David Foster Wallace famously gave a commencement speech at Kenyon College in 2005. The speech –Wallace’s only know public speech–had been printed and reprinted, e-mailed and downloaded time and again, and now is published as the book, This Is Water: Some Thoughts, Delivered on a Significant Occasion, about Living a Compassionate Life. Wallace, whose magnificent and enormous novel Infinite Jest is perhaps for the millennium generation what Gravity’s Rainbow was for the Viet Nam generation, is known for his intricate plots and subplots, his baroque sentences, his numerous footnotes, and his expansive and enormous intellect.
Well, Kenyon College and Wallace meet up again in the 2012 comedy Liberal Arts. Actually, Wallace isn’t there physically, but Infinite Jest is, and the novel and its author play a significant part in a poignant subplot about a depressed, genius undergraduate. In fact, towards the end of the film, the hero tells the hospitalized boy to put down Infinite Jest (he has already read it three times) and pick up one of the Twilight books!
Kenyon College, on the other hand, is very much visible–and looks torn right out of a college brochure. The leafy campus, the quaint town, the rural surroundings, all make Kenyon look like a movie set for the perfect college. However, although Kenyon is one of the more illustrious and demanding liberal arts colleges in the U.S., it offers up a pretty “easy-A” with Liberal Arts. Nothing too difficult, too taxing , or too subtle.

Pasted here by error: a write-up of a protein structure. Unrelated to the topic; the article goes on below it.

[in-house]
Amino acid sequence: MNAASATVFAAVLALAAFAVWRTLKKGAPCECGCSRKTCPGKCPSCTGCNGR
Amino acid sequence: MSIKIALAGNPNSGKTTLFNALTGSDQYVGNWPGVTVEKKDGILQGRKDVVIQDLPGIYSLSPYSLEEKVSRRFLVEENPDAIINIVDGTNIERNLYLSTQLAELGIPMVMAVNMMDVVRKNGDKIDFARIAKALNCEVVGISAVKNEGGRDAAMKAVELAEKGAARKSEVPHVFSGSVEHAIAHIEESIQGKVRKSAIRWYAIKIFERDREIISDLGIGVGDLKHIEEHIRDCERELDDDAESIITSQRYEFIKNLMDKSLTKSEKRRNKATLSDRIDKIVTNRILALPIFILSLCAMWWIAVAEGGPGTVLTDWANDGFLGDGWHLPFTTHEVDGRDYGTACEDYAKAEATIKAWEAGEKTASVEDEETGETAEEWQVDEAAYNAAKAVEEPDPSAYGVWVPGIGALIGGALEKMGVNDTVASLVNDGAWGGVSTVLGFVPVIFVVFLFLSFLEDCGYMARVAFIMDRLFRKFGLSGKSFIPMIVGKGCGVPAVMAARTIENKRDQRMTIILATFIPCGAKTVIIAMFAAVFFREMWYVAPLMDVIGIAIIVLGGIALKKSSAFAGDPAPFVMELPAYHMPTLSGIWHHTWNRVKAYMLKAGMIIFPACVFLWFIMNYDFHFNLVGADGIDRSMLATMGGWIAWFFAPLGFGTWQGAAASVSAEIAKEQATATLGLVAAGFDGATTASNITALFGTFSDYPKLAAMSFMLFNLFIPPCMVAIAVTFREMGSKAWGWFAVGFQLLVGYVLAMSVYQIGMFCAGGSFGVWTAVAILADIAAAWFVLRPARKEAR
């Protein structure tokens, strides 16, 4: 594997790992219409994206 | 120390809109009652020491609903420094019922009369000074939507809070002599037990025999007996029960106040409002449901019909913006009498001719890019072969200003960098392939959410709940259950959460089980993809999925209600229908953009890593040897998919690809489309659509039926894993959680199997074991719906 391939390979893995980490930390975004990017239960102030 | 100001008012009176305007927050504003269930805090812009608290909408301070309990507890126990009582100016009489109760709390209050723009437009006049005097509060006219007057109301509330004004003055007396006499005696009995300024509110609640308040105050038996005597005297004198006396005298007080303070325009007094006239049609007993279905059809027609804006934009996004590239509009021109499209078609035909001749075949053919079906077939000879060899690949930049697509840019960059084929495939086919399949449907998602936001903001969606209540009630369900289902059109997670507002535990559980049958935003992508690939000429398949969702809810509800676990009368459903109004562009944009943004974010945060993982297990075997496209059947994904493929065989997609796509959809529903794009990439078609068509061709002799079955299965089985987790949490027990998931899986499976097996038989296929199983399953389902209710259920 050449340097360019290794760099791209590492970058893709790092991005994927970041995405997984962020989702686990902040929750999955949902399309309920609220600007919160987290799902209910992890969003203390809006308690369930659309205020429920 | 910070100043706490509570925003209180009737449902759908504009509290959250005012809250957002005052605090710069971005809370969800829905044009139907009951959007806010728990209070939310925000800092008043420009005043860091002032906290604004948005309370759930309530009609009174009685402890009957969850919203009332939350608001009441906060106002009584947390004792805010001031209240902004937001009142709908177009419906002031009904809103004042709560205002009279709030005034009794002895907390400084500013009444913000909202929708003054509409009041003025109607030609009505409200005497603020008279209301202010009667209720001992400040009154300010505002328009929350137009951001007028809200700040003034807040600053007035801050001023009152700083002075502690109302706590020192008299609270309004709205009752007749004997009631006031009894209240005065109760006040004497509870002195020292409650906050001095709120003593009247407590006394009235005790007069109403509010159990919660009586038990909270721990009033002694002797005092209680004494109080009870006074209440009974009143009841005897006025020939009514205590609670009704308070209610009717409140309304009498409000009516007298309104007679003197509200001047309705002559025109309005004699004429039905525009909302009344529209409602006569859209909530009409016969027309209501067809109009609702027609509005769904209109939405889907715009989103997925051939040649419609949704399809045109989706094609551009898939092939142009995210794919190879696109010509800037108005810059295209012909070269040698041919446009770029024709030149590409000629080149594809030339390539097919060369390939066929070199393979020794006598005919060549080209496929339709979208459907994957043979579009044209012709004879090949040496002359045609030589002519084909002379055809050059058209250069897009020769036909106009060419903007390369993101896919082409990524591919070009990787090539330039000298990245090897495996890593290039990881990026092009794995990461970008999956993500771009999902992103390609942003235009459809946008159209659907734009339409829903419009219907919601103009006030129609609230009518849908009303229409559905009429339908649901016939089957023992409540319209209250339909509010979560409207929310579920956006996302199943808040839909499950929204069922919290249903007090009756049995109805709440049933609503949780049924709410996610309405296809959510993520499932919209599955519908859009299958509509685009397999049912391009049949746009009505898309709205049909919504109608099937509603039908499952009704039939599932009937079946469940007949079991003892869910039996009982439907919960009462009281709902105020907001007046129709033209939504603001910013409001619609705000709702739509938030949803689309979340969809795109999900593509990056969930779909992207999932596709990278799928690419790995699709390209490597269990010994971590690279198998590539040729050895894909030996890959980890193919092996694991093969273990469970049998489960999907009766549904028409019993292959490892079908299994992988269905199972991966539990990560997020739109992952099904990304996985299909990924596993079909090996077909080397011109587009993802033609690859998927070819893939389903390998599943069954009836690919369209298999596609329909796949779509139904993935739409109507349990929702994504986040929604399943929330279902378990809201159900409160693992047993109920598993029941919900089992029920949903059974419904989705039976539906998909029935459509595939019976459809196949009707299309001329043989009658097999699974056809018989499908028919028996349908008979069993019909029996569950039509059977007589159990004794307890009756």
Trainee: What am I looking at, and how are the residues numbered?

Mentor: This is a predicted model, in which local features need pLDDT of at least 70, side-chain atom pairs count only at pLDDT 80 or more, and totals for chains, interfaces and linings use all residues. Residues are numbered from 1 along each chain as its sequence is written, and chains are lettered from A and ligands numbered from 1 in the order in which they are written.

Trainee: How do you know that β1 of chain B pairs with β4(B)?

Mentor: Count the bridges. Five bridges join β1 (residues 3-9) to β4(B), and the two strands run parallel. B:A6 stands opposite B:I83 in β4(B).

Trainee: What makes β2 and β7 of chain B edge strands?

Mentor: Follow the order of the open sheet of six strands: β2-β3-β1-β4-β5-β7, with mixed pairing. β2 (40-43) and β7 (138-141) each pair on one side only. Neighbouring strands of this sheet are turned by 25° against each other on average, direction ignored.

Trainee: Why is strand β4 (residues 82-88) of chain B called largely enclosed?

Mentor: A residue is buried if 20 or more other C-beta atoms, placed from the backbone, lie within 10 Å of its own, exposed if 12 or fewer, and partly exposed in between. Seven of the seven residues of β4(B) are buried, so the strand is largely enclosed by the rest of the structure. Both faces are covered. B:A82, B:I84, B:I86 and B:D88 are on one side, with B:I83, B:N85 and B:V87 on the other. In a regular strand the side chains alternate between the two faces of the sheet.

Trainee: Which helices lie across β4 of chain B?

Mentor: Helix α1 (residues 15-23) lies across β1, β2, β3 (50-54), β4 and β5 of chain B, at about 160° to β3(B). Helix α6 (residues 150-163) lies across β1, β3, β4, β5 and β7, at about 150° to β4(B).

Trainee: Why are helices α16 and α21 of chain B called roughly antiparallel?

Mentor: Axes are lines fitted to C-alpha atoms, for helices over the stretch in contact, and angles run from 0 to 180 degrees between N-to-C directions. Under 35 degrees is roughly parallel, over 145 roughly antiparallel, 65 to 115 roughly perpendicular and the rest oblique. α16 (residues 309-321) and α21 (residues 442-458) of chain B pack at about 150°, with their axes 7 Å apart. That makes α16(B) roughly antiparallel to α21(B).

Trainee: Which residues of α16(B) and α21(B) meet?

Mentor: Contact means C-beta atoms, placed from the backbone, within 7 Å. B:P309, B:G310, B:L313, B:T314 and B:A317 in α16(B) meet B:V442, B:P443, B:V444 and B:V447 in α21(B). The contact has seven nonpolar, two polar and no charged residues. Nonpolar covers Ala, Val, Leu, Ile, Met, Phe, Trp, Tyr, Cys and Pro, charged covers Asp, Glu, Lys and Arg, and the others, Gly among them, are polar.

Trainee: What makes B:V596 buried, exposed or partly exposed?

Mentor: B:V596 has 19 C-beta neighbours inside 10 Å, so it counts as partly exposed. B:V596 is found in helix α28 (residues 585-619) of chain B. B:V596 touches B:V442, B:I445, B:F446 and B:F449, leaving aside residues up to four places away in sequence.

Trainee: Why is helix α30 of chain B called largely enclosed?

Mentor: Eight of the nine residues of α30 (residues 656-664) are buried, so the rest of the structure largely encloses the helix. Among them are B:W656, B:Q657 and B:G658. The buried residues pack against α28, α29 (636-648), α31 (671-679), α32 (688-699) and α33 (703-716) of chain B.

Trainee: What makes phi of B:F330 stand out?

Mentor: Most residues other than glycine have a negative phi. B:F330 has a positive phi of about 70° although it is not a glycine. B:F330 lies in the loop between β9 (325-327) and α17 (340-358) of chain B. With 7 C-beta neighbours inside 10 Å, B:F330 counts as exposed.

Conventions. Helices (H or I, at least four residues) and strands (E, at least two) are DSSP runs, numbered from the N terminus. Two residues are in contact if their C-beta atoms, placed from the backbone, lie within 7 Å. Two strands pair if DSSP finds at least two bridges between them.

The film tells the story of Jesse (Josh Radnor), a bookish and sensitive admissions officer at a New York City college (read NYU) who is dissatisfied with his job and his life. When he is called back to Kenyon to attend the retirement party of one of his favorite professors (Richard Jenkins), he meets Zibby (Elizabeth Olsen), an undergraduate studying Improv Theater.
The 35-year old Jesse and the 19-year old Zibby hit it off immediately and enjoy each other’s company as they wander around the bucolic campus. When Jesse returns to New York, he begins a “pen-pal” relationship with “Zibby” that is sweet, literate and full of hope.
However, when he returns to visit her, the differences in their age–and life experience–plays very much on his mind. (To me, since the actors do not seem all that greatly separated in age, the age difference did not really seem all that jarring.) Her attempt to bed him on this second visit is the moral center of the movie.
There are some wonderful performances–Allison Janney as an ice-hearted professor of the British Romantics is marvelous and Zac Efron as a chorus-like sprite that pops in and out of the story is charming and enigmatic. And the lead characters are very likeable. The camera work between Ohio and New York is beautiful and perfectly captures the shift in energy that Jesse feels in moving between the two places. And the subplot with the depressive undergraduate is interesting enough, if rather slight. (It might have made a better movie in itself.)
In all, the film is concerned with life and its trajectory, with love and its various shadings, and with contentment and its frequent elusiveness. It is funny and literate at times, but for the most part it is a simple story, simply told. Liberal Arts could have been a much weightier film–but that’s not the film the director chose to make.
I can’t imagine David Foster Wallace liking it. There isn’t much layering here, not much that he could footnote. It would have made a very slim novel.